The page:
Wednesday, September 16, 2009

Yorkshire Sauce.

Today we continue on our quest to unravel some of the secrets of “English Sauces” – that is, sauces apparently named for English towns and counties. It is the turn of Yorkshire Sauce.

A recipe for Yorkshire Sauce in the American cookbook The Steward’s Handbook and Guide to Party Catering, by Jessup Whitehead (Chicago, 1903) sounds suspiciously like Cumberland Sauce – which is intriguing as we considered yesterday that the latter might possibly have come by its name in America. Is Yorkshire Sauce then another example of American naming? I have been unable so far to find any reference to Yorkshire Sauce in any English cookery book, which perhaps reinforces the theory. Here is Jessup Whitehead’s recipe – you will see how similar it is to yesterday’s Cumberland Sauce:

Yorkshire Sauce.
Orange sauce for ham; espagnole, currant jelly, port wine, orange juice and boiled rind cut in shreds.

The Oxford English Dictionary does not have any reference to Yorkshire Sauce, but it does have a relatively lengthy entry on Yorkshire Relish, which it defines as “the proprietary name of a kind of savoury sauce.” The proprietary sauce was manufactured by Goodall Backhouse and Co. of Leeds, and the first reference is to it is in the Trade Marks Journal of 1877. The name was the subject of a legal dispute in 1895, the manufacturers attempting to prevent a rival company marketing their own product under the same name. The plaintiffs’ case was successfully argued by scientists who analysed the composition of both products, and concluded that, amongst other things, “a marked peculiarity of the imitation ‘relish’ was the large amount of cream of tartar it contained in the form of crystals”, and there were significant differences in specific gravity, and the type of sugar used.

Ironically, Whitehead’s book also acknowledges the proprietary relish, and gives a recipe for an imitation:

Bottled Table Sauce.
The recipe for making the genuine Yorkshire Relish is probably known only to the manufacturers. However, the following is said to yield a good imitation of that popular sauce:
1 oz. garlic, 1 teaspoonful cayenne, 2 tablespoonfuls Indian soy, 2 tablespoonfuls mushroom ketchup, and 1 pt. vinegar; boil altogether 10 minutes and strain, and bottle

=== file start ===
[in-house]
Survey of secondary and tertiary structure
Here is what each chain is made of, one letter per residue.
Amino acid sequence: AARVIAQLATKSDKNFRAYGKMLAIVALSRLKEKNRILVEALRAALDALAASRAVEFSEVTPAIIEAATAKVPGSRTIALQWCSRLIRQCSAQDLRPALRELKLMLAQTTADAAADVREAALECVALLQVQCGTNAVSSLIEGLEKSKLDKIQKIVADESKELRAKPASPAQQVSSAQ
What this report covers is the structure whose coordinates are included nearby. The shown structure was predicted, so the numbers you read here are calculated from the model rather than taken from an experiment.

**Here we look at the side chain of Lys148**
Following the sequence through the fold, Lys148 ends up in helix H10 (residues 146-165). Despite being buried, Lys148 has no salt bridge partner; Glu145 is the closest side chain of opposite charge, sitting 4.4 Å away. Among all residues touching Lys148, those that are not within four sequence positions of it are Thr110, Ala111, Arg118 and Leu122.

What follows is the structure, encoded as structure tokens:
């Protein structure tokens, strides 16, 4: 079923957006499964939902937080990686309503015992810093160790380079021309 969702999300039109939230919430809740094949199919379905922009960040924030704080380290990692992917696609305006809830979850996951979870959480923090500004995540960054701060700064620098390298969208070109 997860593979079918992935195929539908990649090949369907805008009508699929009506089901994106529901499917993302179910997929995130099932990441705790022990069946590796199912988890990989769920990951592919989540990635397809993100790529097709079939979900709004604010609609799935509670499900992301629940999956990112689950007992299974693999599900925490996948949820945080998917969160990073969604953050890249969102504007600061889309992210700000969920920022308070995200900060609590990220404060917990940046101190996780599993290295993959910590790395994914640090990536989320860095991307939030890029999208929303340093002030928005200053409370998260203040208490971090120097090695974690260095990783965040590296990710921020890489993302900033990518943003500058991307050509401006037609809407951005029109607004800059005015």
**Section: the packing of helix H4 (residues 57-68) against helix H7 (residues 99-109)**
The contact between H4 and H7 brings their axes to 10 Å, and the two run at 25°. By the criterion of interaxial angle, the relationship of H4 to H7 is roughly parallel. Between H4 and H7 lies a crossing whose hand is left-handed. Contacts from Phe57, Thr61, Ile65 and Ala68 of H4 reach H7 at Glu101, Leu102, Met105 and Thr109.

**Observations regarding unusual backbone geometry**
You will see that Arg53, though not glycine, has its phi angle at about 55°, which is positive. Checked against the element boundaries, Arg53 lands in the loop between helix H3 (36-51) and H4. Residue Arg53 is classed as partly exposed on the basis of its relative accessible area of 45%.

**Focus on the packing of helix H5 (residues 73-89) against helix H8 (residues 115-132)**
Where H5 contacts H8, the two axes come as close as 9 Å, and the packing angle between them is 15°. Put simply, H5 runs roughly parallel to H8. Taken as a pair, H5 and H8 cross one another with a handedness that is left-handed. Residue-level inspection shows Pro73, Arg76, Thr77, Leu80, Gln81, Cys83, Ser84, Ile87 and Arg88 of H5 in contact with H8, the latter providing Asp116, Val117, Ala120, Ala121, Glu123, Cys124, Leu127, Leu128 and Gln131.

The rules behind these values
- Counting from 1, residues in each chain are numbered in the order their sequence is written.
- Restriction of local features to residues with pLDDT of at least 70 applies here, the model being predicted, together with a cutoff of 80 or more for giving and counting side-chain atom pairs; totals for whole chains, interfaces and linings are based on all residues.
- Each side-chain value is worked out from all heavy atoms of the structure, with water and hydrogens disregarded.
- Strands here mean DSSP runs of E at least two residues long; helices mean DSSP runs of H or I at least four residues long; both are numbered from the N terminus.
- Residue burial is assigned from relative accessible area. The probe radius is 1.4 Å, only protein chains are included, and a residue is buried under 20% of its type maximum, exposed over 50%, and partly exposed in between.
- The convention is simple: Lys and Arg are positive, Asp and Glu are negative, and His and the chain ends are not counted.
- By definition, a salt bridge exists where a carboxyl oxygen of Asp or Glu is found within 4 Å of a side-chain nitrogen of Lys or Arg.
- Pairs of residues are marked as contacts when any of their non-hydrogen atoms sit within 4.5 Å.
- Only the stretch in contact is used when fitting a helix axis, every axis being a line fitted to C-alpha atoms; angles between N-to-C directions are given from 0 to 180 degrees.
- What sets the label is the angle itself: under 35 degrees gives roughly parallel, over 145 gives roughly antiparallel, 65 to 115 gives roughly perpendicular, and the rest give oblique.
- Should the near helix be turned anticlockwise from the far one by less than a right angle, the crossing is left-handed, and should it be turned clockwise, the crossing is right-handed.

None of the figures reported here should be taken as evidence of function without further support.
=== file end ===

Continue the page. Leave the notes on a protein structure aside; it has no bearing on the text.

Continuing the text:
when cold.

It would seem sensible to go to a Yorkshire source for ideas on Yorkshire-named recipes. From the Yorkshire Observer recipe collection of the 1930’s we have:

Yorkshire Relish.
½ oz. cloves,
¼ oz. cayenne pods,
1 oz. peppercorns.
Put in pan with one pint of water, boil 20 min then add
1 quart of vinegar
½ lb sugar,
¼ lb salt, and
2d.[dessertspoons?] burnt sugar.
Boil altogether for 5 min. Strain and it is ready for use when cold.
(Mrs.Scargill, Batley)

Then, just to confuse or enrich the subject further, here is a sweet version (from an American source) - a lemon-essence flavoured hard sauce to put on your pudding.

Yorkshire Sauce
Three ounces of butter
Five table spoonfuls of powdered sugar
Three drops of essence of lemon
Nutmeg or cinnamon to the taste.
Beat the butter and sugar to a cream, and add the lemon and spice.
This sauce is eaten with baked puddings, fritters, &c. Some add a tea spoonful of brandy.
The National Cookbook, by Hannah McBouvier, Philadelphia 1866

Quotation for the Day.

Give us this day our daily taste. Restore to us soups that spoons will not sink in and sauces which are never the same twice. Raise up among us stews with more gravy than we have bread to blot it with Give us pasta with a hundred fillings.
Robert Farrar Capon.


Anonymous said...

Just thinking... there's obviously Indian influence in these kinds of fruit sauces. And not just the "Indian soy". isn't there tamarind in worcestershire sauce? And isn't chutney an Indian word?

Sorry, too many questions. I'll go back to my corner now.

Anonymous said...

Yorkshire sauce, as all other sauces named 'after' places in the UK are named so as they are traditionally made in/originate from their namesake. The idea of cumberland sauce originating from america is a misnomer, probably the more likely is cumberland, and many other sauces, were made or written down in America following a family recipe from England. As for Yorkshire sauce, the 'relish' you speak of is the original 'Yorkshire Sauce' - the most famous being Henderson's Relish made in Sheffield from a secret family recipe, although some liken it to the more readily available (in UK at least) 'Worcestershire sauce', but Yorkshire Relish is typically suitable for vegitarians.

Hope this clears this up, I'm from Yorkshire!

atom said...

The "2d. burnt sugar" is most likely a reference to its monetary value, as in 2 pence worth, pre-decimalisation.
I've come across this before in old family recipe books.